This year’s Levitt lecture will be given by historian and filmmaker Michael Wood. His title is ‘Why the Anglo-Saxons Matter – Athelstan and the Making of England.’ The lecture is at 2.00 p.m. Saturday 18 November 2017.
It is often forgotten, but the roots of England lie before the Norman Conquest: the foundations of the English state were laid by three generations of the Wessex royal family, Alfred the Great, his son Edward and daughter Aethelflaed, and his grandson Aethelstan. In this illustrated talk, with special focus on Aethelstan, Michael Wood argues that they are the most important rulers in English history: without them the history of Britain might have been radically different: no English state perhaps, no English law, or English ideas about government; maybe no English language as the world’s language?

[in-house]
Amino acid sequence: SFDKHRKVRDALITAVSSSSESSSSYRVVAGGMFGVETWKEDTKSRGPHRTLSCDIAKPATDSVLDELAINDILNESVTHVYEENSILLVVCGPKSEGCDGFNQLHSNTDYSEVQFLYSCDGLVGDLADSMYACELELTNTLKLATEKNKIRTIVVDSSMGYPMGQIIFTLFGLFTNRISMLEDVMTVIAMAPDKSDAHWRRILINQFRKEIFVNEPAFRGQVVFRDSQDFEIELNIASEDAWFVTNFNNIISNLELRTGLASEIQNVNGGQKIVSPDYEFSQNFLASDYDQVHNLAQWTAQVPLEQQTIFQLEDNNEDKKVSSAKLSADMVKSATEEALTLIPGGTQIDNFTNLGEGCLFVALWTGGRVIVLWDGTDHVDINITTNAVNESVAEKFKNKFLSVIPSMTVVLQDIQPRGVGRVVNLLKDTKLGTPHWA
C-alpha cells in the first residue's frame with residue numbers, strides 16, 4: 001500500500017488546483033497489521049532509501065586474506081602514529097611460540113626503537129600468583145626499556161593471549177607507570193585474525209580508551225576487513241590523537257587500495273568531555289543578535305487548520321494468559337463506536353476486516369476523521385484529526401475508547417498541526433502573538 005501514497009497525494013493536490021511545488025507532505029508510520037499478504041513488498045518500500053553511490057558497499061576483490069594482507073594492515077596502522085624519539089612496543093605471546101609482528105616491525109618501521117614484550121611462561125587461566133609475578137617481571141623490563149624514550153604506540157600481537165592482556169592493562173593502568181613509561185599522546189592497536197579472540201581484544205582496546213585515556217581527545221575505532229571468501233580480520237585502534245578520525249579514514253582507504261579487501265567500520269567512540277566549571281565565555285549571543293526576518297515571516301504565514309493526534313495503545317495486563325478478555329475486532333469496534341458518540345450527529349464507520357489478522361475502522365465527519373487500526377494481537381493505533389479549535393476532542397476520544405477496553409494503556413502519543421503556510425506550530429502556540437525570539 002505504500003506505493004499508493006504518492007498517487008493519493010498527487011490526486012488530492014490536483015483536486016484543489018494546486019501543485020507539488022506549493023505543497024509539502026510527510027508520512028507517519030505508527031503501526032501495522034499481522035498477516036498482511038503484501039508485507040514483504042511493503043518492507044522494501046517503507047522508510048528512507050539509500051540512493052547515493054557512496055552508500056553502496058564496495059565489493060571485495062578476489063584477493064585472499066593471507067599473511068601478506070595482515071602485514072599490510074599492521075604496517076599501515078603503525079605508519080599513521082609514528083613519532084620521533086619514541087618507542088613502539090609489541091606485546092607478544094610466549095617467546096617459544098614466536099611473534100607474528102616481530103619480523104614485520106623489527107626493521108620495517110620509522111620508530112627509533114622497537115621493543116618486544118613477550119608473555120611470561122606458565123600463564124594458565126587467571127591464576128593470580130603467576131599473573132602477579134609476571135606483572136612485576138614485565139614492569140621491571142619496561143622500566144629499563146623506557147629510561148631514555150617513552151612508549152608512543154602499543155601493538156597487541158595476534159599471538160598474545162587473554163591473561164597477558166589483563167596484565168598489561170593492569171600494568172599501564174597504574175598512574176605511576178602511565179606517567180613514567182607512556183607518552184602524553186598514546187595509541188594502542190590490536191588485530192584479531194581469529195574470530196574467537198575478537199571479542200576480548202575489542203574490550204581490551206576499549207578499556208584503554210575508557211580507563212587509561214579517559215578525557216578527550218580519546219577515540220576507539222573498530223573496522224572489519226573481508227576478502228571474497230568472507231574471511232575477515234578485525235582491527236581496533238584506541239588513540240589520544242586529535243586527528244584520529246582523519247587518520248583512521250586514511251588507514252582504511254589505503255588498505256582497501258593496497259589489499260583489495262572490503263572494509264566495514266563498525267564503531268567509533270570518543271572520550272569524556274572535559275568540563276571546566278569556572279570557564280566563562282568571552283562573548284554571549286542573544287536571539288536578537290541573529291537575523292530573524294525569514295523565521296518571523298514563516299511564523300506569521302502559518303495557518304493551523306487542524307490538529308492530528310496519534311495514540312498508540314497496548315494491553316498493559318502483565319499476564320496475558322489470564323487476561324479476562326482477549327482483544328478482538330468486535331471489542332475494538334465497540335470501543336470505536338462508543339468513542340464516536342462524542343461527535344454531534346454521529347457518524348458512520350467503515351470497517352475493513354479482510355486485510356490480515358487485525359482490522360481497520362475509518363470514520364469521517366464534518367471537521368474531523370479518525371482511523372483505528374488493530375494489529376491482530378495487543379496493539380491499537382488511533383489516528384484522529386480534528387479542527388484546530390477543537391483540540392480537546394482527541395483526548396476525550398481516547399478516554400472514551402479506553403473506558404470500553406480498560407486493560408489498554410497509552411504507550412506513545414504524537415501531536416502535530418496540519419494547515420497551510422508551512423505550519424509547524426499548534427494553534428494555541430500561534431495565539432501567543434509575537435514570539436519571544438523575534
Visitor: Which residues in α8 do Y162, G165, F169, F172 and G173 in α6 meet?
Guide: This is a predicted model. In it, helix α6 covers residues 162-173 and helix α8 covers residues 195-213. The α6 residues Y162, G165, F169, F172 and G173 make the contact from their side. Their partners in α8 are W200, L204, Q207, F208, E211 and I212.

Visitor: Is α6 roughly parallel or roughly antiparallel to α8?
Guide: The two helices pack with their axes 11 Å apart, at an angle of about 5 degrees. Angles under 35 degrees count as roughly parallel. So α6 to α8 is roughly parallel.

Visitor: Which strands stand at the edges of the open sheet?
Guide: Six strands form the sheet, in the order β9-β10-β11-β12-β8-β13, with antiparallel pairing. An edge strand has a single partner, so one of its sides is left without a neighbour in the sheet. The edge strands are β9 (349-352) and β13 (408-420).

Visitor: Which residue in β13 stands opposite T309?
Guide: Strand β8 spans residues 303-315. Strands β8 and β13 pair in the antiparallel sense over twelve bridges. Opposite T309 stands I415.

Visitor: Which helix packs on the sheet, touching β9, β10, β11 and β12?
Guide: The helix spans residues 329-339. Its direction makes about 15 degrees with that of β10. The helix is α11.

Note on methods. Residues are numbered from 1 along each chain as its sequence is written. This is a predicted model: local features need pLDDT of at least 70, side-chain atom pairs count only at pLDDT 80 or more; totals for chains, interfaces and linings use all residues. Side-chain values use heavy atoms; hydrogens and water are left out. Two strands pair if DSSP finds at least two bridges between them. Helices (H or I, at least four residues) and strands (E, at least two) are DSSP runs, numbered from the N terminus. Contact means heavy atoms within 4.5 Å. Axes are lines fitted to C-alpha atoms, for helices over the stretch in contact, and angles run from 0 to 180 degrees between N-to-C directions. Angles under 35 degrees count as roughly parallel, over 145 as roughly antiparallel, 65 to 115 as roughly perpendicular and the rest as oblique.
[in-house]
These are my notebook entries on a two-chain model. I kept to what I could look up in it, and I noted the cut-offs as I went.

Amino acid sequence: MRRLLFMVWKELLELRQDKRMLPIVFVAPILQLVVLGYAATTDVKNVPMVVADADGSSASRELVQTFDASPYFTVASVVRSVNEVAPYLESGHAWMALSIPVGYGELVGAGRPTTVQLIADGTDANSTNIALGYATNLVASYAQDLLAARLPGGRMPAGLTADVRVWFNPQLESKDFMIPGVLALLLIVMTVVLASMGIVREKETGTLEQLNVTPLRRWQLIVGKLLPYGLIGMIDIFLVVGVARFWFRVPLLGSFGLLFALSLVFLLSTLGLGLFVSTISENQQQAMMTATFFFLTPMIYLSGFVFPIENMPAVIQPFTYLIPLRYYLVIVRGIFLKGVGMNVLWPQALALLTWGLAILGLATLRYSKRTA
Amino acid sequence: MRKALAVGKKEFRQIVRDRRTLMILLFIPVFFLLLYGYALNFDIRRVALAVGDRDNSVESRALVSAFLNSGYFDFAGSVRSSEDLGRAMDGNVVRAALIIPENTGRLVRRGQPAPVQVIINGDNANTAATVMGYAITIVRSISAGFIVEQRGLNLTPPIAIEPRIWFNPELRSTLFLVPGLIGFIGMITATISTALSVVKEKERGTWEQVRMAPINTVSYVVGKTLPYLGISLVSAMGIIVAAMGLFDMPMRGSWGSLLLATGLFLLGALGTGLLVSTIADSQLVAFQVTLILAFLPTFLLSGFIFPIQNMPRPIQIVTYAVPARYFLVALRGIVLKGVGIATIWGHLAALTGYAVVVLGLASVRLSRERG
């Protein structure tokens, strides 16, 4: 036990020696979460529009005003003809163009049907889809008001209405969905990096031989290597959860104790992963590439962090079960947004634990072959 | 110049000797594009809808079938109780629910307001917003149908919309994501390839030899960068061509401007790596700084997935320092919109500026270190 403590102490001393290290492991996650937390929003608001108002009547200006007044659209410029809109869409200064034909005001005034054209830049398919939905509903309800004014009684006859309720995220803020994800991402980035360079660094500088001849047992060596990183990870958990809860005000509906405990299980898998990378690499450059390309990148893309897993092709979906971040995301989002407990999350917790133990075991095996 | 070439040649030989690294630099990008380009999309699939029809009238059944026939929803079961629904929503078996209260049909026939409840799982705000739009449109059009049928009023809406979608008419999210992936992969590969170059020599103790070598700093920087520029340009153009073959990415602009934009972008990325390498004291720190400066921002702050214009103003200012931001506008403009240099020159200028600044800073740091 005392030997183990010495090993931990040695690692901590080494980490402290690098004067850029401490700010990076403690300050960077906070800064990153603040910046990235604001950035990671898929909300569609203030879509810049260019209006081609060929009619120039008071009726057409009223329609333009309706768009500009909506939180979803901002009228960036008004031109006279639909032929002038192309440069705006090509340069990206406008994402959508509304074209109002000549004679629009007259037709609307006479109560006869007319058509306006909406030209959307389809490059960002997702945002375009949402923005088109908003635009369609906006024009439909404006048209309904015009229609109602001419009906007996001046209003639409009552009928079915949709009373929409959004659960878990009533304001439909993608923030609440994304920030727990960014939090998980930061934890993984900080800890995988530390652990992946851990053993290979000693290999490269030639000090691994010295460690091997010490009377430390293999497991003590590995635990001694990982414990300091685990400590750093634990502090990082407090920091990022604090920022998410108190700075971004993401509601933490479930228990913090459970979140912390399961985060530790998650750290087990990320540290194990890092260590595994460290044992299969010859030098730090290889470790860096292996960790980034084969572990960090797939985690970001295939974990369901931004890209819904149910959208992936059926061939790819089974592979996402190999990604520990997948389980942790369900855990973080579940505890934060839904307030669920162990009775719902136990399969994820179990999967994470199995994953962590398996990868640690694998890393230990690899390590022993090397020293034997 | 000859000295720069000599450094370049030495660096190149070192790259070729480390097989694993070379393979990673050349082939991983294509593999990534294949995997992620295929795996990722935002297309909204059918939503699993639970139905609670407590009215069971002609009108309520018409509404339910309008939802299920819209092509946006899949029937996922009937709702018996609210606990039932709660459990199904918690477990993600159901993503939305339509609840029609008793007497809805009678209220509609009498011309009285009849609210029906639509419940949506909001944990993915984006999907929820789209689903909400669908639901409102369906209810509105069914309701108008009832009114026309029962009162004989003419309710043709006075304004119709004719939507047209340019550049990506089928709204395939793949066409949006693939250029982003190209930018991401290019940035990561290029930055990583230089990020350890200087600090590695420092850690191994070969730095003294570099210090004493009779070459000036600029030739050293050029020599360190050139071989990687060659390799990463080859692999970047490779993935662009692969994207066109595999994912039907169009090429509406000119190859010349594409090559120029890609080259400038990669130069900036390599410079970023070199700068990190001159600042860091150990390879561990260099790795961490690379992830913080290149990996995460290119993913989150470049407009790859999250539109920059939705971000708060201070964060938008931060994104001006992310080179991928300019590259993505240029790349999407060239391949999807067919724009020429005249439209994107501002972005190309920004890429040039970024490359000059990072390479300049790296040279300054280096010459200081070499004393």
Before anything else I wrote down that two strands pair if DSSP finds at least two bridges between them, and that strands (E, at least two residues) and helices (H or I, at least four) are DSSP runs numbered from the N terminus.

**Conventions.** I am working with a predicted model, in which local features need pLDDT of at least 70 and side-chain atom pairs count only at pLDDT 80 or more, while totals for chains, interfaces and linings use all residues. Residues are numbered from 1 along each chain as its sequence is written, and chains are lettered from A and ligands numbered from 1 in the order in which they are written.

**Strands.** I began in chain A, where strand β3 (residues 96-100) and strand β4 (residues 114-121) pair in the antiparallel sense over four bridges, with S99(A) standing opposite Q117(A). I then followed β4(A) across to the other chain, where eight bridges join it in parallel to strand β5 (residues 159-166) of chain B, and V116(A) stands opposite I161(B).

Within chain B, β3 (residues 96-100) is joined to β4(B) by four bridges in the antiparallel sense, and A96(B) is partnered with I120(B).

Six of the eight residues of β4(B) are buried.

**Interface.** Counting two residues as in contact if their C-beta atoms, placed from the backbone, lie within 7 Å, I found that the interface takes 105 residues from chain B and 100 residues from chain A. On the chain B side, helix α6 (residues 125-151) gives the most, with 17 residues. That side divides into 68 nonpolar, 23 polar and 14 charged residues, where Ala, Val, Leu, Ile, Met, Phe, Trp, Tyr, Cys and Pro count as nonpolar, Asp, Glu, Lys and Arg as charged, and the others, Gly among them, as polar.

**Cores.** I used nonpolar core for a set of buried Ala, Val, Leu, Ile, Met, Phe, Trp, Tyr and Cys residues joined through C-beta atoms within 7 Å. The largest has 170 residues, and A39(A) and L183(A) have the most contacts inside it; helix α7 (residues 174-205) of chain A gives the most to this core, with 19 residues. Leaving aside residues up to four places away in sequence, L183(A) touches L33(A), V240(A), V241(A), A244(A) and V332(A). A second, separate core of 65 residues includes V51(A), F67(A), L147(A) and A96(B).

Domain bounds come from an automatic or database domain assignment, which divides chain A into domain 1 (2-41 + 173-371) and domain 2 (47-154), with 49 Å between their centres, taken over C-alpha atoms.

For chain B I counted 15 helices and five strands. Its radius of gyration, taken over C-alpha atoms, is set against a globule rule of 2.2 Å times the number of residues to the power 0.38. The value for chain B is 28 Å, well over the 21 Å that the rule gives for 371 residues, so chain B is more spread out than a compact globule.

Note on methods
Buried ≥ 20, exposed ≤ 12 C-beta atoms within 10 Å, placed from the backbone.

Michael Wood is a distinguished historian and filmmaker and is currently Professor of Public History at the University of Manchester. Among his recent films was the BBC 2 series The Story of China. His academic specialism is later Anglo-Saxon history, the Alfredian dynasty and especially the reign of Athelstan the first king of England. He recently received the British Academy President’s Medal for outreach in History.
The Levitt lecture was established in memory of the late John Levitt, adult-education tutor organiser in English at Keele who taught extensively on Old English language, literature and history. In tune with that tradition the lecture is always FREE and open to all with an interest in study.
The 2017 will be held in the Westminster Theatre at Keele University at 2.00 p.m. on 18 November 2017.
Booking is not necessary, but further details may be had from Dr Philip Morgan firstname.lastname@example.org